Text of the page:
Ooof, see ya around the university health center, hon. Similarly, talking about rape culture, binge drinking, and (gulp) oral sex parties with a preteen is undeniably difficult to initiate when you’re still trying to accept that the puberty monster will soon be moving in with your child. O’Neill’s novel allows parents and educators to delve into these topics by referencing Emma’s trajectory.

Emma and her crew fluff themselves up for a house party one night while the parents are out of town, but even before anyone can meet cute, alcohol, hormones, and kids playing at adulthood whip up into a devastating storm, and Emma goes from flirting to zonked-out to getting raped The Accused-style in a bedroom. She wakes up in a heap on her doorstep the next morning, bleeding and disoriented, with details of the party blotchy at best. “Girls are all the same,” one of the rapists says at one point, rolling his eyes. “Get wasted and get a bit slutty, then in the morning try and pretend it never happened because you regret it.” Photos of Emma’s sexual assault are posted to a fake Facebook page and there seems to be no forgetting or moving on from the horror.

Commence the shunning, online cruelty, and depression. I realize I was once one of these snarky beasts, but dayem, how much more menacing are teenagers when they have access to social media? In my day . . . well, you get it.

O’Neill’s characters–both teens and adults–are well drawn and the storyline is believable from start to finish–not an allegory that requires us to suspend our sense of what’s possible in today’s reality in order to make her point. You can place yourself in this novel. Emma isn’t the smartest, kindest, or most ambition young lady in town–“I have to smile and be nice and look like I care about other people’s problems or else I’ll get called a bitch.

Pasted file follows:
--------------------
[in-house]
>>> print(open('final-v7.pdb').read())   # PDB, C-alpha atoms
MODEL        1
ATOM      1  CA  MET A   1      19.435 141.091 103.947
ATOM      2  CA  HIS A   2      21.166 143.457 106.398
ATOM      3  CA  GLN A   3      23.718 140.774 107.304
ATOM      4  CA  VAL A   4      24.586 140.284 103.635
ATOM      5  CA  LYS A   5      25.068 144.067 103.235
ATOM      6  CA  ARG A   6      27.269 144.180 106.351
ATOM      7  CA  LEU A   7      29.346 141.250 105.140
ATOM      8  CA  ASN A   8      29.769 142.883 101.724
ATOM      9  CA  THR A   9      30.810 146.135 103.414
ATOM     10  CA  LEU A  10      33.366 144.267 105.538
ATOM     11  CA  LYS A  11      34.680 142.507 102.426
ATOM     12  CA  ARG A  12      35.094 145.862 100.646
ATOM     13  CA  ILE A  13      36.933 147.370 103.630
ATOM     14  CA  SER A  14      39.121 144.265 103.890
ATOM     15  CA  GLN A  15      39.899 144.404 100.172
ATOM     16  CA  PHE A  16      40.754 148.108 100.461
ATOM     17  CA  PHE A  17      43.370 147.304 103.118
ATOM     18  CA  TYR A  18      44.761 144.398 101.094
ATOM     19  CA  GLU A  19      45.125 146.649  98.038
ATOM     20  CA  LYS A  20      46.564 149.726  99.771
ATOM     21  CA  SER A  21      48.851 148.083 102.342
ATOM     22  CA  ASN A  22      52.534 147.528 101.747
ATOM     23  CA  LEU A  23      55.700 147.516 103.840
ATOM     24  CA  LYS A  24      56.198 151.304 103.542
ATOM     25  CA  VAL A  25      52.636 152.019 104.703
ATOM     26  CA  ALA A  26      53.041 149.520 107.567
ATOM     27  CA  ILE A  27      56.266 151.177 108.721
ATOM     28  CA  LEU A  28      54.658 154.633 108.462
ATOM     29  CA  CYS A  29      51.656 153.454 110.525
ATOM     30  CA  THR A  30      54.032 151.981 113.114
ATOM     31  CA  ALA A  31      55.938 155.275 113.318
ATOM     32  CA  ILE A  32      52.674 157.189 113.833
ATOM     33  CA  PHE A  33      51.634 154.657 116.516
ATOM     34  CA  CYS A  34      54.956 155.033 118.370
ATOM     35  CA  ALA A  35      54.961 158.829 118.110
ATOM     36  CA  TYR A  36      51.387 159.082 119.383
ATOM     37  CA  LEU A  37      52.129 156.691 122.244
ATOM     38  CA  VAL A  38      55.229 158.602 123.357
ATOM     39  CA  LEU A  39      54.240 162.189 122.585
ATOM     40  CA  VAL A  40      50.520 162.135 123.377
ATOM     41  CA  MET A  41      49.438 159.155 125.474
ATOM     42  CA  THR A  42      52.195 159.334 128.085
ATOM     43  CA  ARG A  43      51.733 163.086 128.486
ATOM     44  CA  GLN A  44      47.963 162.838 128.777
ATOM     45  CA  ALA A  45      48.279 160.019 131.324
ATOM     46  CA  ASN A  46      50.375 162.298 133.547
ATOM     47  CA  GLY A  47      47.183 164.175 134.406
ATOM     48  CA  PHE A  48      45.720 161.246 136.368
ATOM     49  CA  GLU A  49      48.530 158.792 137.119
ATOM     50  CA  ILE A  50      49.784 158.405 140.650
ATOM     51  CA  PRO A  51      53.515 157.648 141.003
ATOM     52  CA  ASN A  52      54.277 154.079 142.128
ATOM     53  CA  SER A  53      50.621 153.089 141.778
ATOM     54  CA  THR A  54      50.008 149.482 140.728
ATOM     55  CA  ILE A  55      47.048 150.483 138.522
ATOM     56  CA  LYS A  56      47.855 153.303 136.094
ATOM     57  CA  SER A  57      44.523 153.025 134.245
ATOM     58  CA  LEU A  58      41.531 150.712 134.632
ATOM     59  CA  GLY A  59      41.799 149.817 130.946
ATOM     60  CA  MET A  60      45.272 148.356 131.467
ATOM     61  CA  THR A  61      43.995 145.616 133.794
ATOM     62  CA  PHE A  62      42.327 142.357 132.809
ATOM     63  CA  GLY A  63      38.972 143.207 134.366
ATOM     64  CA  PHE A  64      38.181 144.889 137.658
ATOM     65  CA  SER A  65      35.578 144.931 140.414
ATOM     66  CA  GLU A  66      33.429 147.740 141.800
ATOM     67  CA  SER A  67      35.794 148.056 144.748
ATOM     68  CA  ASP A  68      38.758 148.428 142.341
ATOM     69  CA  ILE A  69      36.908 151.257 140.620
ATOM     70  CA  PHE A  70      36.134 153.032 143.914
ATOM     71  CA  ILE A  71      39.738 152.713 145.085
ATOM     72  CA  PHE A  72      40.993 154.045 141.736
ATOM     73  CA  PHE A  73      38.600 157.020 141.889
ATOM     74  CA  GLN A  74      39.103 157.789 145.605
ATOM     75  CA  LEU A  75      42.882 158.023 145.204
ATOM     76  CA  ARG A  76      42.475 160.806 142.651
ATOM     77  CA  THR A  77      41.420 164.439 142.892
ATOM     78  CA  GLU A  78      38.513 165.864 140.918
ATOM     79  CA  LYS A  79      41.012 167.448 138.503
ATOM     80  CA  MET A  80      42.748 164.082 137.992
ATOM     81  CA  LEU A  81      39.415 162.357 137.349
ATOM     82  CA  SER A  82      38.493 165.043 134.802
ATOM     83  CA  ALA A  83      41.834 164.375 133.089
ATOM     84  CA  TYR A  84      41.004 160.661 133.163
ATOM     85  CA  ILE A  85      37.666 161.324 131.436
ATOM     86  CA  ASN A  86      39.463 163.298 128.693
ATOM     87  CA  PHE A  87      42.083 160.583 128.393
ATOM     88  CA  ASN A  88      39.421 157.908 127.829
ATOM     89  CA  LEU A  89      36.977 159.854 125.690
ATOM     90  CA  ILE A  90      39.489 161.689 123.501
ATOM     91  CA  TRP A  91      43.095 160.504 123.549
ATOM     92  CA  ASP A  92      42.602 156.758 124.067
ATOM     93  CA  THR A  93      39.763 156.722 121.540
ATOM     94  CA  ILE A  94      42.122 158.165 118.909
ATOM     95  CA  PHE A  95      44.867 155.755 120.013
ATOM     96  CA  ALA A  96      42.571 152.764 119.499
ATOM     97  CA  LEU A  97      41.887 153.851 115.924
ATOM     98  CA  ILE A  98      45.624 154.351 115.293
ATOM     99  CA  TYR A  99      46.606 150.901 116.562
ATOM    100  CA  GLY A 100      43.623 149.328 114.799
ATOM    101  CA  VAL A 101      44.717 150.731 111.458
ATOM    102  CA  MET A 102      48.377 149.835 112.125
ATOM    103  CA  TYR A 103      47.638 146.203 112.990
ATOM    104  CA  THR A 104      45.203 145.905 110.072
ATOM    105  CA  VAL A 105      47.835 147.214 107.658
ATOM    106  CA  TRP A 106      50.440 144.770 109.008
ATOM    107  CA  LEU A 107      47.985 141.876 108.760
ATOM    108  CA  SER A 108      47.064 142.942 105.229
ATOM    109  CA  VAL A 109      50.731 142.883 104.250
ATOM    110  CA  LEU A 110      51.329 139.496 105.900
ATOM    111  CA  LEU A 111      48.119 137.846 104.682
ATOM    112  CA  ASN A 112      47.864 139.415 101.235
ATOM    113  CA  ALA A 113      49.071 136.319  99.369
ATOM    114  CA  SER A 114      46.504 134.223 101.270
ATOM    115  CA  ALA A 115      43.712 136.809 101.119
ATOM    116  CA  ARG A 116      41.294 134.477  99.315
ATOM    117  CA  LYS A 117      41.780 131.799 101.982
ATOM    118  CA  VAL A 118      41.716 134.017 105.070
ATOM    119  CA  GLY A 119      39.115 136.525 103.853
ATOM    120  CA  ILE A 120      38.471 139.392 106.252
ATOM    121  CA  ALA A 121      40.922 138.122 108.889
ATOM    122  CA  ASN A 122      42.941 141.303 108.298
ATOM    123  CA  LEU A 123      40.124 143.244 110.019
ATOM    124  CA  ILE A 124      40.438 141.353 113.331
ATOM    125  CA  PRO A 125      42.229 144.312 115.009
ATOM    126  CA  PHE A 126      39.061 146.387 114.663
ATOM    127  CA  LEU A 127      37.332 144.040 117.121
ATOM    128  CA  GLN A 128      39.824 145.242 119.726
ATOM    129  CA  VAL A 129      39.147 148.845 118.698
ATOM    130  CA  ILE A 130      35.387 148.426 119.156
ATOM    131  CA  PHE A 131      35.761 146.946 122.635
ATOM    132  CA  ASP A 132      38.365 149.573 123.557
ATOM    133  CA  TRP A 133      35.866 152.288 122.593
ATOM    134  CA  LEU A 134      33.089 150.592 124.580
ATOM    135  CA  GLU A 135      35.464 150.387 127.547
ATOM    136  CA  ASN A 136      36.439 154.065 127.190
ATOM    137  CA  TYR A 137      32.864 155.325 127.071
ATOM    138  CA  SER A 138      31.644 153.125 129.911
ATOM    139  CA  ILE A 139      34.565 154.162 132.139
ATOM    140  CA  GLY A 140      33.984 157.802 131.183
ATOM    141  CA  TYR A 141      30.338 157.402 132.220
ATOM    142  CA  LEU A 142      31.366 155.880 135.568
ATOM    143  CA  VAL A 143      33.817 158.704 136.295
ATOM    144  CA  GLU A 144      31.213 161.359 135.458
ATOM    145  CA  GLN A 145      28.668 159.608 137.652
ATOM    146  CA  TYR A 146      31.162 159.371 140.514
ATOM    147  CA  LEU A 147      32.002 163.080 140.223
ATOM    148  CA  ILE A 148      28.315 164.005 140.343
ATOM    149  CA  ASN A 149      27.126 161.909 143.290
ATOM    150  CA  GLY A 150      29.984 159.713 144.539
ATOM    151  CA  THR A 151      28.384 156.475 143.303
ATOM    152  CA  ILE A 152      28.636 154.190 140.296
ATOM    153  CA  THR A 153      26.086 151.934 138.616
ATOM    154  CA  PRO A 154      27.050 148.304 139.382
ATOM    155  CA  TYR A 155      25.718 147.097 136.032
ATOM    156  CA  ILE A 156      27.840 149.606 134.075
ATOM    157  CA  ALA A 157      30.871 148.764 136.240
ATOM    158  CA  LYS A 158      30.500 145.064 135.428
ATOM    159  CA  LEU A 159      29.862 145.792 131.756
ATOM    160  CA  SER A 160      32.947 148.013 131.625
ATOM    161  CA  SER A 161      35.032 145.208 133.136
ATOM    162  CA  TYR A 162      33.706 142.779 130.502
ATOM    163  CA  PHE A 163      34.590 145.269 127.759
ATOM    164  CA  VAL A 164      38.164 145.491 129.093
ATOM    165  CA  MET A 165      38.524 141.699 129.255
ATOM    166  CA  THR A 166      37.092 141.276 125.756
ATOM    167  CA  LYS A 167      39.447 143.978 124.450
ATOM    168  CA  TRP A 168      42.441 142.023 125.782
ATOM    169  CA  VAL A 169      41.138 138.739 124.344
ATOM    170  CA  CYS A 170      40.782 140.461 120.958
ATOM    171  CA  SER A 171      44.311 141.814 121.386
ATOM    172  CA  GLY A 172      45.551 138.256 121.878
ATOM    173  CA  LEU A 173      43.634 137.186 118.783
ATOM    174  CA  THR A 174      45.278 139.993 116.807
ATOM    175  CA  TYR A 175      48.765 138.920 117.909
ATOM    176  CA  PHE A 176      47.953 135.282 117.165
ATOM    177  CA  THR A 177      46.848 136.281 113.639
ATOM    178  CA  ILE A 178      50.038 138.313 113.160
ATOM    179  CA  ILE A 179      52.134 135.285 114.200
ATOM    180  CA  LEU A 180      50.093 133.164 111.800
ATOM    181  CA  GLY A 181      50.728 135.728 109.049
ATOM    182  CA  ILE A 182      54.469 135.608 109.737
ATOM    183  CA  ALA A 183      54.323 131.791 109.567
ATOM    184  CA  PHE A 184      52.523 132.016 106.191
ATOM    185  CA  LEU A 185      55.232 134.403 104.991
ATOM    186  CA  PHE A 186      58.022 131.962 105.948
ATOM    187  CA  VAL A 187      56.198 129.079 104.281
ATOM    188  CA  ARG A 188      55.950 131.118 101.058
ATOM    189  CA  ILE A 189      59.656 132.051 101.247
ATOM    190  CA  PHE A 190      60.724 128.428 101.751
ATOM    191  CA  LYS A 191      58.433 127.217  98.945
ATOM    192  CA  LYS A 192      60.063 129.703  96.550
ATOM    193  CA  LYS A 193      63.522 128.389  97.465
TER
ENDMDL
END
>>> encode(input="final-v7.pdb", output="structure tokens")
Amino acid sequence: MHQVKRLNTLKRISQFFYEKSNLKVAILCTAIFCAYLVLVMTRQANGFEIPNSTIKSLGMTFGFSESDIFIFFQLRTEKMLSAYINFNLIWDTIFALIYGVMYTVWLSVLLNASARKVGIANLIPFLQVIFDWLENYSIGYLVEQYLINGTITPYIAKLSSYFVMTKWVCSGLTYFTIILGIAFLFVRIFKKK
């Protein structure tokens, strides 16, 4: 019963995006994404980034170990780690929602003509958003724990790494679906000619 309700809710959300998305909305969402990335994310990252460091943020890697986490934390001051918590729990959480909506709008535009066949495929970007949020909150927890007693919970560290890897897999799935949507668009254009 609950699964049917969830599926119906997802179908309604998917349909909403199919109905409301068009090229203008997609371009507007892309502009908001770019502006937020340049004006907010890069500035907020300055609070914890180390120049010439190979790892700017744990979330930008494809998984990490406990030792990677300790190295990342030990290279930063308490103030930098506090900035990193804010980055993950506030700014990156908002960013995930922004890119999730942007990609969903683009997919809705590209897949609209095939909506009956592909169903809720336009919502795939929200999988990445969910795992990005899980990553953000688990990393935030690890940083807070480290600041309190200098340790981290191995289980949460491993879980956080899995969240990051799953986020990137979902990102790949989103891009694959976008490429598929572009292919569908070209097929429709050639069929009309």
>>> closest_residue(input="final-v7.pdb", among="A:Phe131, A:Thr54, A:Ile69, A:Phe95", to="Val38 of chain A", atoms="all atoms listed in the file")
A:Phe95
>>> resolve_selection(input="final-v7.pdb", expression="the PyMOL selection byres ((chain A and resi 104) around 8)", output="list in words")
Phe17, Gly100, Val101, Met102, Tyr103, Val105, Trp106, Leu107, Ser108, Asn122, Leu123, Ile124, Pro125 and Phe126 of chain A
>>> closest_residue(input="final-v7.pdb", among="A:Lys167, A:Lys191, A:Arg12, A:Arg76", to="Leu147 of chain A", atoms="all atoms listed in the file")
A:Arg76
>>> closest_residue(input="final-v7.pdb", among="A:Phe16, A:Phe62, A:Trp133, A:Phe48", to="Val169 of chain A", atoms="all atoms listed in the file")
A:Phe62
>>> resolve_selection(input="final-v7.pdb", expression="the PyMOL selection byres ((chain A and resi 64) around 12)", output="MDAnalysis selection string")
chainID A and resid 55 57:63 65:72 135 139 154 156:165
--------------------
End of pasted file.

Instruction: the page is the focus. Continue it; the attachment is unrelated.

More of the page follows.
People don’t understand how tiring it is to have to put on this performance all day,” she laments–which adds an instructive wrinkle to what happens to her. She’s got a jiggle in her wiggle and she knows it and doesn’t yet grasp that there’s no socially acceptable way for a woman to spend that type of currency. The female characters rib and shame each other for things such as being attracted to a boy or dressing in an unconventional way or even the suggestion that one of them might have masturbated.

And the boys are afforded everything when their future looks bright. Emma’s brother is allowed to hang a poster of a big-bosomed woman in her underwear in his room and he is also permitted to label is sister “slutty” for wearing a low-cut mini-dress. (strike one) What, you got drunk while wearing said mini-dress? (strike two) Now you want to hold a male who plays on a sports team accountable for non-consensual sex? (good luck) The way the town and the school population values Emma’s soccer star assailant in high regard is disgusting and utterly believable. Another perp is boy who lost a sibling, and another has been accepted to arts school–all redeemable figures given the aforementioned mini-dress and drunkenness.

The pressure for Emma to just get over what happened or doubt what happened, or even con her into thinking she asked for it are starkly realistic, relatable even. That’s why Asking for It is, perhaps, best read by parents of young men, because it’s clear we need more and better training beyond “no means no.” Amy Schumer’s Friday Night Lights reimagining comes to mind: “clear eyes, full hearts, don’t rape.” Got that, fellas? *Full disclosure: I Americanized the text of this novel as a work-for-hire freelancer for the publisher, Quercus US.

I did not have author contact and have no stake in the sales of the book.